One of the key architects behind this new vision is Ed Brubaker, who has been writing Uncanny with mixed results since # 475. In a sense, Brubaker is not a natural choice for the X-Men, as most of his success has come when writing more ‘street-level’ characters such as Daredevil, his creator-owned Icon title Criminal, and to some extent Captain America. I was actually hoping to see some of his strengths on these titles filter through to provide a slightly different take on the X-Men, but so far the majority of stories have been more traditional, super-hero fare. I actually really quite liked his first arc, the space-epic ‘The Rise and Fall of the Shi’ar Empire’, and the following arc, ‘The Extremists’, had some really nice touches and played to some of Brubaker’s strengths. However, the most recent five-parter, ‘Divided’, was a real disappointment, and just came across as filler for the big celebratory re-launch with #500.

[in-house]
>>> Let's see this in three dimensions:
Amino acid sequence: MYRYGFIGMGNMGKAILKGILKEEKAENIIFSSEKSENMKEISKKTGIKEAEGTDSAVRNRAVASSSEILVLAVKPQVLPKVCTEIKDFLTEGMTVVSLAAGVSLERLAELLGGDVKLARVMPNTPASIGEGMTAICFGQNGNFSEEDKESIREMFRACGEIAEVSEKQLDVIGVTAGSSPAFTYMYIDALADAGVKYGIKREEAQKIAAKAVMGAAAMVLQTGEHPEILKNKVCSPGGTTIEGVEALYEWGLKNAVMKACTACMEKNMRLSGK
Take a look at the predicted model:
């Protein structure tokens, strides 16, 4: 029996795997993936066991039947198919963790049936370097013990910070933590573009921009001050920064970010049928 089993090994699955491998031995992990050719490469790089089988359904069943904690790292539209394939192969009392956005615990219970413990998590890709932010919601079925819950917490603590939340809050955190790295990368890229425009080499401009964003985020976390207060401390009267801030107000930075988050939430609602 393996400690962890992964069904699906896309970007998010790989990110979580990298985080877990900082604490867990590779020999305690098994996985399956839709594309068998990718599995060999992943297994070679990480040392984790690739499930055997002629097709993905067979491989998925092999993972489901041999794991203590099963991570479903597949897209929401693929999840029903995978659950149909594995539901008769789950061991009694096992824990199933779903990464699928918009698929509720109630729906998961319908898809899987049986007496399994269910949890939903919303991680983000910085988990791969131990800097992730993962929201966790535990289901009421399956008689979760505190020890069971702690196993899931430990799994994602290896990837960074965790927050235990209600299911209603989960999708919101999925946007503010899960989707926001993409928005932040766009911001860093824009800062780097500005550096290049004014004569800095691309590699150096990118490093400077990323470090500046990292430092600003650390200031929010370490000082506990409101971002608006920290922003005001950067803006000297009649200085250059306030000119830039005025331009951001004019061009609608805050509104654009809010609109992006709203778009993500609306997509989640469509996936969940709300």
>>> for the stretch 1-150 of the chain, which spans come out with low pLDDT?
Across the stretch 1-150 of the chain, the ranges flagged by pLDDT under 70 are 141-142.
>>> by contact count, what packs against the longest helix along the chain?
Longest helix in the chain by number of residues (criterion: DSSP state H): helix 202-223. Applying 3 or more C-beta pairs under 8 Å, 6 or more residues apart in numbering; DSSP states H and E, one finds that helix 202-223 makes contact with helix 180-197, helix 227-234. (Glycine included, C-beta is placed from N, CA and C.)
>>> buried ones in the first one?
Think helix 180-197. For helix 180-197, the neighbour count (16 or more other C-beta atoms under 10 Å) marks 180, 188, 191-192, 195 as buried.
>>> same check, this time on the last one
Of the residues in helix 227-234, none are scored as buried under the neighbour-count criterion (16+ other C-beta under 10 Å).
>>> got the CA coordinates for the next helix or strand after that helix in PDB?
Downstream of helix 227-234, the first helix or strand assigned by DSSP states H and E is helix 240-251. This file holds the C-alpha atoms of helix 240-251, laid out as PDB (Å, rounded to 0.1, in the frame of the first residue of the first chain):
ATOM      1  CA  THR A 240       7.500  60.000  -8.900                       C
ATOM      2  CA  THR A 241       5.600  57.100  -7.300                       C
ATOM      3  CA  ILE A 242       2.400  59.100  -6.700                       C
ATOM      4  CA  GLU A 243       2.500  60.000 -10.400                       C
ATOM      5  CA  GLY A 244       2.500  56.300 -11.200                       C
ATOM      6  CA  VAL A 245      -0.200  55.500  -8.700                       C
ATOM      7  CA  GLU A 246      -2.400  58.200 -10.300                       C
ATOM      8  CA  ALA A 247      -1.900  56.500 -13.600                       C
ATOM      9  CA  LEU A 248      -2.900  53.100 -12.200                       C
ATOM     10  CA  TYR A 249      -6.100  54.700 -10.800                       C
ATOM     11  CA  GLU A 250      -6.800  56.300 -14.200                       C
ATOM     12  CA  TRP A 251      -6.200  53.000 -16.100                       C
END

As part of this new status quo, Brubaker is now joined by his Immortal Iron Fist collaborator and rising star Matt Fraction, in a dynamic-sounding rotating creative team with artists Greg Land and Terry Dodson. It sounds intriguing, and it should be great, but can this landmark issue and high-profile creative team finally deliver on what has been promised for so long?

Well, it certainly is a new direction, even if the ‘surprise’ has been ruined months ago given various scheduling slips – following the split of the team after the Messiah Complex storyline, the X-Men have moved from their Massachusetts base and reformed in the more liberal-minded ‘haven’ of San Francisco, under the leadership of Cyclops, and with an enforced new mission of the survival of their species. After the rather ridiculous chance meeting with the mayor of SF in the previous issue, it appears that the X-Men have political backing for their move too.